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Garmin Reactor autopilot needing recalibration

Old 10-19-2020, 05:36 PM
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Default Garmin Reactor autopilot needing recalibration

My reactor autopilot has been mostly great since install 4 years ago (had an earlier problem with bad ECU connection cable), but 1/2 through the summer my heading sensor was off by up to 10 degrees on some headings. I recalibrated it successfully a few times, but the next trip it would be back to being off again. This was driving me crazy, especially as I'm well aware of all the issues with ferrous metals near the CCU, electrical wires, etc, and I haven't changed ANYTHING on the boat or put anything (metal or not) near the CCU in a few years.

Anyways, I finally called Garmin tech support to see what they had to say, and the tech very quickly honed in the fact that after recalibrating, I was not shutting the autopilot down by pressing the red power button the GHC20. According to the tech, the recalibration is not saved unless you shut it down with the power button, vs. just cutting power to the unit. I did look in the online instructions on calibrating, and there's no mention of the need to power off with the button, but the tech seemed very certain on this point.

As it turns out, while I always turn off my 7612's using the power button, I never bother with the autopilot since it just powers up automatically when I flip the battery switches on.

I haven't had a chance to test this out yet, and I still have no idea why the compass decided to act up after being perfectly calibrated for 4 years, but hopefully this will fix the issue which has been driving me kinda crazy.
Old 10-20-2020, 12:48 AM
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The power button just turns off the display screen.

the pilot is still powered up.

Lots of people don’t even have a ghc and only use a plotter.

I call bs.
Old 10-20-2020, 04:50 AM
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Originally Posted by jtcwhaler View Post
My reactor autopilot has been mostly great since install 4 years ago (had an earlier problem with bad ECU connection cable), but 1/2 through the summer my heading sensor was off by up to 10 degrees on some headings. I recalibrated it successfully a few times, but the next trip it would be back to being off again. This was driving me crazy, especially as I'm well aware of all the issues with ferrous metals near the CCU, electrical wires, etc, and I haven't changed ANYTHING on the boat or put anything (metal or not) near the CCU in a few years.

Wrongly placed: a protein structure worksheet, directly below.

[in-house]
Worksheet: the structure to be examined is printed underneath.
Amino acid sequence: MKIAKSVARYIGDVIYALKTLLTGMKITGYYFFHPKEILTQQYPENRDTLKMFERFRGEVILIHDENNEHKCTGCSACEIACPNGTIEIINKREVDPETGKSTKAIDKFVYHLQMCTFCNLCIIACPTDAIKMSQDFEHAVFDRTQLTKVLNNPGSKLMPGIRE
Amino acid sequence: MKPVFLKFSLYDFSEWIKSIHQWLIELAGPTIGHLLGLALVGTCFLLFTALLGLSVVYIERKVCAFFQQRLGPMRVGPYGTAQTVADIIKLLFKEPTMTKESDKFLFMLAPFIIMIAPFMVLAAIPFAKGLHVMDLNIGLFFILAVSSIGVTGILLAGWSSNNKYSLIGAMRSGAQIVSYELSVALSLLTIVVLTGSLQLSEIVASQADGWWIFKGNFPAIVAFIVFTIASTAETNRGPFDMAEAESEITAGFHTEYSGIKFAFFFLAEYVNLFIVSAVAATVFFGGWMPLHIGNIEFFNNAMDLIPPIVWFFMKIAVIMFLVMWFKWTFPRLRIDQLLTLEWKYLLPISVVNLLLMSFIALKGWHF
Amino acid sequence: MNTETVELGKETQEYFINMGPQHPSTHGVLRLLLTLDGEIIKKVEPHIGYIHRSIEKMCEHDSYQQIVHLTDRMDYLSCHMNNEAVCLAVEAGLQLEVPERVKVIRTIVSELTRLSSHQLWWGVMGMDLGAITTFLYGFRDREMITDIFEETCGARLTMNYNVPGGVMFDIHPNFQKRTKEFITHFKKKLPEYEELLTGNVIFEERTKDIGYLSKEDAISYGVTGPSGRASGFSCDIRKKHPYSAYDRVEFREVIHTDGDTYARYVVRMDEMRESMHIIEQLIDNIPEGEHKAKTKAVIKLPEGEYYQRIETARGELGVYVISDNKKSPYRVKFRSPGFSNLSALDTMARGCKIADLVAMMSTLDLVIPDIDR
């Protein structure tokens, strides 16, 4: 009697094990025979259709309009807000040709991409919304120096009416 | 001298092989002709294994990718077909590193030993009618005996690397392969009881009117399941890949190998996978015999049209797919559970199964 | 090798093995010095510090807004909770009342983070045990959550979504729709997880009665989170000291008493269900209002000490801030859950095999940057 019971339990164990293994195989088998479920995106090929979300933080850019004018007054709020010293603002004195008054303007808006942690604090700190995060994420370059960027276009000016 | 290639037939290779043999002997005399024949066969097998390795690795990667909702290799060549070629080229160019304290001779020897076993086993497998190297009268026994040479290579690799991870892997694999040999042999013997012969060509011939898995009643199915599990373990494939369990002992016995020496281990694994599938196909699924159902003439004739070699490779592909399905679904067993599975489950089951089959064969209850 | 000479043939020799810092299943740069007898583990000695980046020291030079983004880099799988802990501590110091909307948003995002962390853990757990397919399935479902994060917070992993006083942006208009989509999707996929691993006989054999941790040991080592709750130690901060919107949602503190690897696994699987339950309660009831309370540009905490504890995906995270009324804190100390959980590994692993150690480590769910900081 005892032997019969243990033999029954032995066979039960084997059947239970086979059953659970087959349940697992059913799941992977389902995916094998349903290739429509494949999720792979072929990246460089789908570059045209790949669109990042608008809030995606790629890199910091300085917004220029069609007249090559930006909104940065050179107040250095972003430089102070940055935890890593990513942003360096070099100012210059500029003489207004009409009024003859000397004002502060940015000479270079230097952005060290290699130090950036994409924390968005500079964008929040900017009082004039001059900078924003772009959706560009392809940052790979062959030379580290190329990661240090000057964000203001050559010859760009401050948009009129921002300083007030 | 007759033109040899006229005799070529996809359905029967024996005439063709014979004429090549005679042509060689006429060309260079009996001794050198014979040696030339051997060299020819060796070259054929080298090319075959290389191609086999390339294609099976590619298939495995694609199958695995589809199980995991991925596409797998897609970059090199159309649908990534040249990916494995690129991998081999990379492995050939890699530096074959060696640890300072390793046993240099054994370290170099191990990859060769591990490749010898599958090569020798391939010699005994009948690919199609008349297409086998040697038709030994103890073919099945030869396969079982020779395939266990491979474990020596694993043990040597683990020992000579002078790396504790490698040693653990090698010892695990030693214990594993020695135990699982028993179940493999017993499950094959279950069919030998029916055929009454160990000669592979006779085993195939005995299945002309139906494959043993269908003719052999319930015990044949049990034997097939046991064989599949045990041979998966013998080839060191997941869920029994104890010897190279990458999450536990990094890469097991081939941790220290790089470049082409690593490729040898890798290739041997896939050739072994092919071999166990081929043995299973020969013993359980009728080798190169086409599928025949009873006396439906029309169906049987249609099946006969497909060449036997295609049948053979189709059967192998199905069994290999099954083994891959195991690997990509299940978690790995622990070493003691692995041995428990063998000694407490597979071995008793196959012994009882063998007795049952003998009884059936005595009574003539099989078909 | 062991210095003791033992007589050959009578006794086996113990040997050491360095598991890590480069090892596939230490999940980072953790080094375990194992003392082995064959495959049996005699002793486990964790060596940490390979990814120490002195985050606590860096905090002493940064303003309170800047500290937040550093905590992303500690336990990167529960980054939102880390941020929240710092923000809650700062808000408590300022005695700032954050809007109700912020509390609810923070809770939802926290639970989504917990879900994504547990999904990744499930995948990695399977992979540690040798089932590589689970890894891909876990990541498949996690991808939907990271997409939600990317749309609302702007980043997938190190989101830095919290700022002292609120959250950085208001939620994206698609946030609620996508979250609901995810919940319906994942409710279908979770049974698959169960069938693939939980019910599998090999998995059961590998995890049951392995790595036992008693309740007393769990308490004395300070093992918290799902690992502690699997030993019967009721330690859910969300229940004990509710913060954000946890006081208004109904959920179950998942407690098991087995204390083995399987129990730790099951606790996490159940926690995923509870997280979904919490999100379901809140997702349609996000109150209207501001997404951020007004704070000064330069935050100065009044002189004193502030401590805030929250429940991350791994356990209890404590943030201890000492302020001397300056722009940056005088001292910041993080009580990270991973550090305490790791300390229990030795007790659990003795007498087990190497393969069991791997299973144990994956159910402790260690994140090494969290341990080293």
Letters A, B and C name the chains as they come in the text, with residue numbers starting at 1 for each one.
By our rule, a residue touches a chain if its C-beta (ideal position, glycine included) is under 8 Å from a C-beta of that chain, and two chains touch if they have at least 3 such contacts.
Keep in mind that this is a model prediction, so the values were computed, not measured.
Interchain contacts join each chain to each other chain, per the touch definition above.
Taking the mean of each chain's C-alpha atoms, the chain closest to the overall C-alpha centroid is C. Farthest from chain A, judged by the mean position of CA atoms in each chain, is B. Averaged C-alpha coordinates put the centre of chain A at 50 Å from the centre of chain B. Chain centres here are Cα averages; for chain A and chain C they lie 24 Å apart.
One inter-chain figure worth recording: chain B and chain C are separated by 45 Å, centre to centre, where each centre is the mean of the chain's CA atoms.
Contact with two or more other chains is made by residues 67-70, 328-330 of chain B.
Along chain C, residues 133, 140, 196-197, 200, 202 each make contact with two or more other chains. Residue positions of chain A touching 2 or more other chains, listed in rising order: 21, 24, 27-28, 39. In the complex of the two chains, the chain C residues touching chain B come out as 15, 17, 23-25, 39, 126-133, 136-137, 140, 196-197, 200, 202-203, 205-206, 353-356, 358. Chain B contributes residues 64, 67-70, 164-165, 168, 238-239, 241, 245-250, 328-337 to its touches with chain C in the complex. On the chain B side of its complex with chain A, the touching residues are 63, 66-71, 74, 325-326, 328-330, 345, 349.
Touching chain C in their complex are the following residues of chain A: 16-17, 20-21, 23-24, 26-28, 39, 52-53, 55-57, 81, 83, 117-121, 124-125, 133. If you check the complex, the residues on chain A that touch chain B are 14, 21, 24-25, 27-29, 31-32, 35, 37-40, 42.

Anyways, I finally called Garmin tech support to see what they had to say, and the tech very quickly honed in the fact that after recalibrating, I was not shutting the autopilot down by pressing the red power button the GHC20. According to the tech, the recalibration is not saved unless you shut it down with the power button, vs. just cutting power to the unit. I did look in the online instructions on calibrating, and there's no mention of the need to power off with the button, but the tech seemed very certain on this point.

As it turns out, while I always turn off my 7612's using the power button, I never bother with the autopilot since it just powers up automatically when I flip the battery switches on.

I haven't had a chance to test this out yet, and I still have no idea why the compass decided to act up after being perfectly calibrated for 4 years, but hopefully this will fix the issue which has been driving me kinda crazy.
I have experienced the same problem and got the same advice from Garmin tech support. Guess what, it doesn't work. It will lose calibration and become incorrect again the next time you use it. The problem as you know from experiennce is that if the heading is wrong by more than a few degrees, the "navigate to waypoint" operation of the autopilot gets screwed up and it basically does a sort of "S' curve as it corrects. That leaves you with using the steer to heading mode and having to make course corrections every so often if wind or current are affecting your course.